anything like that again. Then we took him over and showed him the County Jail
and explained to him what happened to people who took things that didn't belong
to them. He stood with us in the alley and looked at the building from the top
to the bottom.
"Dad," said he, "I ll bet
you one thing. I'll bet you that ain't the biggest Jail there is in the whole
A few years later when he and Ned Watson decided
to hitch-hike to California without mentioning the matter to their parents, the
first thing he said when the Watsons located them In Parkersburg and hustled them
home, was that they couldn't make very good time between pick-ups because Ned's
feet would give out. He didn't think there was any harm in it, or that there would
be any particular obstacles to a trip to California with seventy-five cents in
his pocket. He ad a growing world sense and to him distance always lent enchantment.
there is the story Clinton Spurr tells of Bud's first year in the University.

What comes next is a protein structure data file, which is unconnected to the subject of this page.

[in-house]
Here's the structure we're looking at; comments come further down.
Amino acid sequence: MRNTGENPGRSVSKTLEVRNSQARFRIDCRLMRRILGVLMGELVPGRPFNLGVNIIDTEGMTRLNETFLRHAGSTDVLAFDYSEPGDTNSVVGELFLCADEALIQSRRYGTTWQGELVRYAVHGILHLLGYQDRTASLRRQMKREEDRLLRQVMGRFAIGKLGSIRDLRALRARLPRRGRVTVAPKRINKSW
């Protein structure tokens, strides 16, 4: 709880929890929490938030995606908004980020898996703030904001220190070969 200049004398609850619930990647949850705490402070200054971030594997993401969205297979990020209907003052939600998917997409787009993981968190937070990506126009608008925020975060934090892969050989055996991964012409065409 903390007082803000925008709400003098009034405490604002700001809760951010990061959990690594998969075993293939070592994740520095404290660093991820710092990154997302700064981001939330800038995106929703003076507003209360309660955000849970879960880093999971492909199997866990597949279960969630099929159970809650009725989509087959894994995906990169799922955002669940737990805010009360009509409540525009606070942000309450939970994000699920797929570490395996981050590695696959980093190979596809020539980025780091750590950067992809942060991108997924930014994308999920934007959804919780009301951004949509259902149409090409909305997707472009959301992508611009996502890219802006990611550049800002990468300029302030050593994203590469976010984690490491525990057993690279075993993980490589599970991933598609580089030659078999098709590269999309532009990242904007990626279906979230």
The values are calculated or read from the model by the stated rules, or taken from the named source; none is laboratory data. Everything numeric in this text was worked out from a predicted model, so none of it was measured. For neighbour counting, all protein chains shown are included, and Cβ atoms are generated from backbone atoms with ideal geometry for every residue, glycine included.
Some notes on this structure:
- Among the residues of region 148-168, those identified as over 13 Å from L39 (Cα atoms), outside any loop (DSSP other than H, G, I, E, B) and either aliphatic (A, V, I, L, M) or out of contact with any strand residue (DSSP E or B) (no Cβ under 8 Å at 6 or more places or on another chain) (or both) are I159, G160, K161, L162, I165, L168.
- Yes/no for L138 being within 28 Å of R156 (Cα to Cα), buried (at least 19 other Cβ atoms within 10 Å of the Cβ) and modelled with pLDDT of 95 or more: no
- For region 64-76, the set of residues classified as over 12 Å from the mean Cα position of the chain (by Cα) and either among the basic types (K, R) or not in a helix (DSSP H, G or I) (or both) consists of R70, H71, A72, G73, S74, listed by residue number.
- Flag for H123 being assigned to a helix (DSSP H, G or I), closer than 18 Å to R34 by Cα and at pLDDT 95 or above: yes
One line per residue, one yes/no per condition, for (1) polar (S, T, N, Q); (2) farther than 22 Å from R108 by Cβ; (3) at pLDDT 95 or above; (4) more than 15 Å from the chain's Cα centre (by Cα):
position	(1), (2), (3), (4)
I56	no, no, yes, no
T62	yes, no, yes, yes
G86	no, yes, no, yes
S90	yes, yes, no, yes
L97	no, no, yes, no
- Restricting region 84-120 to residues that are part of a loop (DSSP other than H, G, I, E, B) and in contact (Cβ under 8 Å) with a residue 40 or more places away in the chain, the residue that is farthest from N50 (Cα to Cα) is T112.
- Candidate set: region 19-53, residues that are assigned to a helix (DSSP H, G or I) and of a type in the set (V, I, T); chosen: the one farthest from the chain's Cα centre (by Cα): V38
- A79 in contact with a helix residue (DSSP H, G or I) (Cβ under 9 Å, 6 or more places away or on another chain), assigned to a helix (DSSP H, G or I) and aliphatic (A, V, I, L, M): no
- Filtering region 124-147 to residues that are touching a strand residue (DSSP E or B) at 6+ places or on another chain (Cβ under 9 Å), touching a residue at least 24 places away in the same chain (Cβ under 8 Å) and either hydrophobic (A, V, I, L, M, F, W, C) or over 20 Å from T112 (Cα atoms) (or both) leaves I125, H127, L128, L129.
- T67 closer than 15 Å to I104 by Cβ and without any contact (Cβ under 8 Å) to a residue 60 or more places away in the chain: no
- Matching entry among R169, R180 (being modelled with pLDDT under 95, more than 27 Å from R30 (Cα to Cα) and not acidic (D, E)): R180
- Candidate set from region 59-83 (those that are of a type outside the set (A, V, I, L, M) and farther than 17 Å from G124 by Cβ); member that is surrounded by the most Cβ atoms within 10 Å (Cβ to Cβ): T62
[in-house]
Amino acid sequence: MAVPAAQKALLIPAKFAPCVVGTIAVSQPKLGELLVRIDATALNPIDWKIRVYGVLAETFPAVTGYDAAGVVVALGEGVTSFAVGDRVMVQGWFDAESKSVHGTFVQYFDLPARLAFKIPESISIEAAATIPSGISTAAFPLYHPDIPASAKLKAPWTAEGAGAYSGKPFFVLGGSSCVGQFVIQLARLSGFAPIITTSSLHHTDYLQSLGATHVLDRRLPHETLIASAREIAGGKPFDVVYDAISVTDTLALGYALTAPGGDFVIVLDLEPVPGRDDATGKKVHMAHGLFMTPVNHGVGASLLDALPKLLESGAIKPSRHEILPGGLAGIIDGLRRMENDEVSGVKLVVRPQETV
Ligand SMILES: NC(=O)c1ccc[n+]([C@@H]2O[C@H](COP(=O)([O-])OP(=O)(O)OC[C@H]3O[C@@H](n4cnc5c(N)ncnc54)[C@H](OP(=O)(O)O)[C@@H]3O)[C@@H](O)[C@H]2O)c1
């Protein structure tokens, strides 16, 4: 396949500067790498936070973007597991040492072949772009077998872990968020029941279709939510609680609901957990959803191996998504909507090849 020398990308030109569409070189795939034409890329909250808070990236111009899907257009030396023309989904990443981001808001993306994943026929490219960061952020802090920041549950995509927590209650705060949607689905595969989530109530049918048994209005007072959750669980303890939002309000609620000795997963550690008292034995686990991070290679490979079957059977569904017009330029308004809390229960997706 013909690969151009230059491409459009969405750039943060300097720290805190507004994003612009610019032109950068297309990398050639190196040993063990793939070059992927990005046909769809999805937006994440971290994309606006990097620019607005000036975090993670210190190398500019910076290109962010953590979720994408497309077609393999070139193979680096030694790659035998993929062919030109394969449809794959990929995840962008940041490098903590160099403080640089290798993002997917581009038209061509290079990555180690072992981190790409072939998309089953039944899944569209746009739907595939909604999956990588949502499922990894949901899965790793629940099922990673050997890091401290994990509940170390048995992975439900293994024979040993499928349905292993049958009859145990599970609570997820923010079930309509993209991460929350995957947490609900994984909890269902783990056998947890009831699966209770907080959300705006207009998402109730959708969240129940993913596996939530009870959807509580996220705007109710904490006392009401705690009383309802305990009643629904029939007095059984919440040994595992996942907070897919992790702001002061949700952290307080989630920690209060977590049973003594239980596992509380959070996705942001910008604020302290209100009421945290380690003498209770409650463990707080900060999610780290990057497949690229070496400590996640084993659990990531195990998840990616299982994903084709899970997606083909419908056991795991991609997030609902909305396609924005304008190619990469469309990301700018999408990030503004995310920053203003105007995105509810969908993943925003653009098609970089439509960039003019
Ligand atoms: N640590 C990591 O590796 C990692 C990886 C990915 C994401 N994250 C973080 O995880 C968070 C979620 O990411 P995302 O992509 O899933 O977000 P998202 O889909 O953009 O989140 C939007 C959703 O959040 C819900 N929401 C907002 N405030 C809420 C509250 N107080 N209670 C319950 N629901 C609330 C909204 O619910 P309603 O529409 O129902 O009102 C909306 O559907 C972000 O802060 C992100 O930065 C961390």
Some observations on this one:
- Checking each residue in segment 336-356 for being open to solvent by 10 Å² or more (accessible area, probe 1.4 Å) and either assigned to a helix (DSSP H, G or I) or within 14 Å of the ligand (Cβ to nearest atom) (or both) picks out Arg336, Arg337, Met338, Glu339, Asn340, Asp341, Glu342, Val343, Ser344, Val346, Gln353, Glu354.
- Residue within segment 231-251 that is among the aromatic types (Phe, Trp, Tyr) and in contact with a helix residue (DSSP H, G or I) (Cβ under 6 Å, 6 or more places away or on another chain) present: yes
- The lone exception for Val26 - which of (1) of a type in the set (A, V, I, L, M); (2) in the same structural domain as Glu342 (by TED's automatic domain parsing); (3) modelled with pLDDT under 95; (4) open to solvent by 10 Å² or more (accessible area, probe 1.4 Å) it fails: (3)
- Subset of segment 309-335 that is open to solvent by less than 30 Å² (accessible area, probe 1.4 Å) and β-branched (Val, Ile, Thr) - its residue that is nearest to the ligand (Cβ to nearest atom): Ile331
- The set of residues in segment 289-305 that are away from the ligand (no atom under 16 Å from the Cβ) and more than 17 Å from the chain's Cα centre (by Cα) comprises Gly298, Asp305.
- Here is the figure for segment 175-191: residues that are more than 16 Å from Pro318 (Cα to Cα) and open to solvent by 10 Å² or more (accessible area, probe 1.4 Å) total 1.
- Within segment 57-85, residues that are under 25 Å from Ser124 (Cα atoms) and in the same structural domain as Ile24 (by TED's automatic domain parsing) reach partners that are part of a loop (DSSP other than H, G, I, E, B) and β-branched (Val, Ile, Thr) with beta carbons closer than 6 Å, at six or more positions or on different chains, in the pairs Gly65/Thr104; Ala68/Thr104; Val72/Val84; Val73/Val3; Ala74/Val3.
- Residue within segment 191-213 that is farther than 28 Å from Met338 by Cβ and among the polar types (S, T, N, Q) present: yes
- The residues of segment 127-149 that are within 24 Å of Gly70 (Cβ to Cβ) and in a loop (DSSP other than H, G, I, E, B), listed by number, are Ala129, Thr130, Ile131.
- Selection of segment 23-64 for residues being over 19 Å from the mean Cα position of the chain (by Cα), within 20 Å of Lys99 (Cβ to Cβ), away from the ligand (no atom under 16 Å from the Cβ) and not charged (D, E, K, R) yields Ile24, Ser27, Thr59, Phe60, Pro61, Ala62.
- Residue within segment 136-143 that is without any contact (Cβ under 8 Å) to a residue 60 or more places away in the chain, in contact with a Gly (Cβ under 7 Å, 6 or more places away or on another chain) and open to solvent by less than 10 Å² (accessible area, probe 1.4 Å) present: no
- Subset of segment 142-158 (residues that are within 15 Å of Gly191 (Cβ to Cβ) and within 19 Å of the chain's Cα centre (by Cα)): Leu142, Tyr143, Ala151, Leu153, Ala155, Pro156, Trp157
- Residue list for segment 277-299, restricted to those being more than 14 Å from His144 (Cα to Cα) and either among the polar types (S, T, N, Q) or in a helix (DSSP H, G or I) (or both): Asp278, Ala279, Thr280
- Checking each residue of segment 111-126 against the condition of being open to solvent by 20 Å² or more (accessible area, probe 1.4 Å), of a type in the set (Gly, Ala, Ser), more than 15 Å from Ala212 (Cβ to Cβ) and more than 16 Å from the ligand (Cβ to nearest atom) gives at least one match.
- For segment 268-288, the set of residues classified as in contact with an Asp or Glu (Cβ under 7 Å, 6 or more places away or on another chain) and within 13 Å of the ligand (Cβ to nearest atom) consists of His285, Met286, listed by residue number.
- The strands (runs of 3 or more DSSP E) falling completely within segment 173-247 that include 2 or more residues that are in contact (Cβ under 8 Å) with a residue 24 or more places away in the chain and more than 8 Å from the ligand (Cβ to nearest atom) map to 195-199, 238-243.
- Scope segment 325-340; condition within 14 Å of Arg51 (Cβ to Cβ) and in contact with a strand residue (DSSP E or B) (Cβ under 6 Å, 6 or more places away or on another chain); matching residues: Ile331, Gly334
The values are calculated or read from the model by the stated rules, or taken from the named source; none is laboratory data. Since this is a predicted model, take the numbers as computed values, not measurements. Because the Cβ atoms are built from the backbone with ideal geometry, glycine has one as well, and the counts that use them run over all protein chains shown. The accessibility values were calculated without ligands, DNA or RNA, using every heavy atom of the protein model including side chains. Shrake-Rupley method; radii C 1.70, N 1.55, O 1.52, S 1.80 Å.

Dr. Boucher was president then and one day in the Spring of the year he and Mr.
Spurr were chatting on the campus. Bud came along and Dr. Boucher hailed him.
After exchanging greetings and shaking hands (Bud had a good deal of his great
grandfather, Fontaine Smith in him), Dr. Boucher said, Bud, I have been
looking at your grades. They are not as good as they were in the First Semester.
How do you account for that? "Too much Joe College," he replied, beating
a hasty retreat.
When he became old enough to know his
grandfather, General Clarence L. Smith who served in the Spanish-American war,
and to become an intimate of this Uncle Earl, a Major in the other war, he became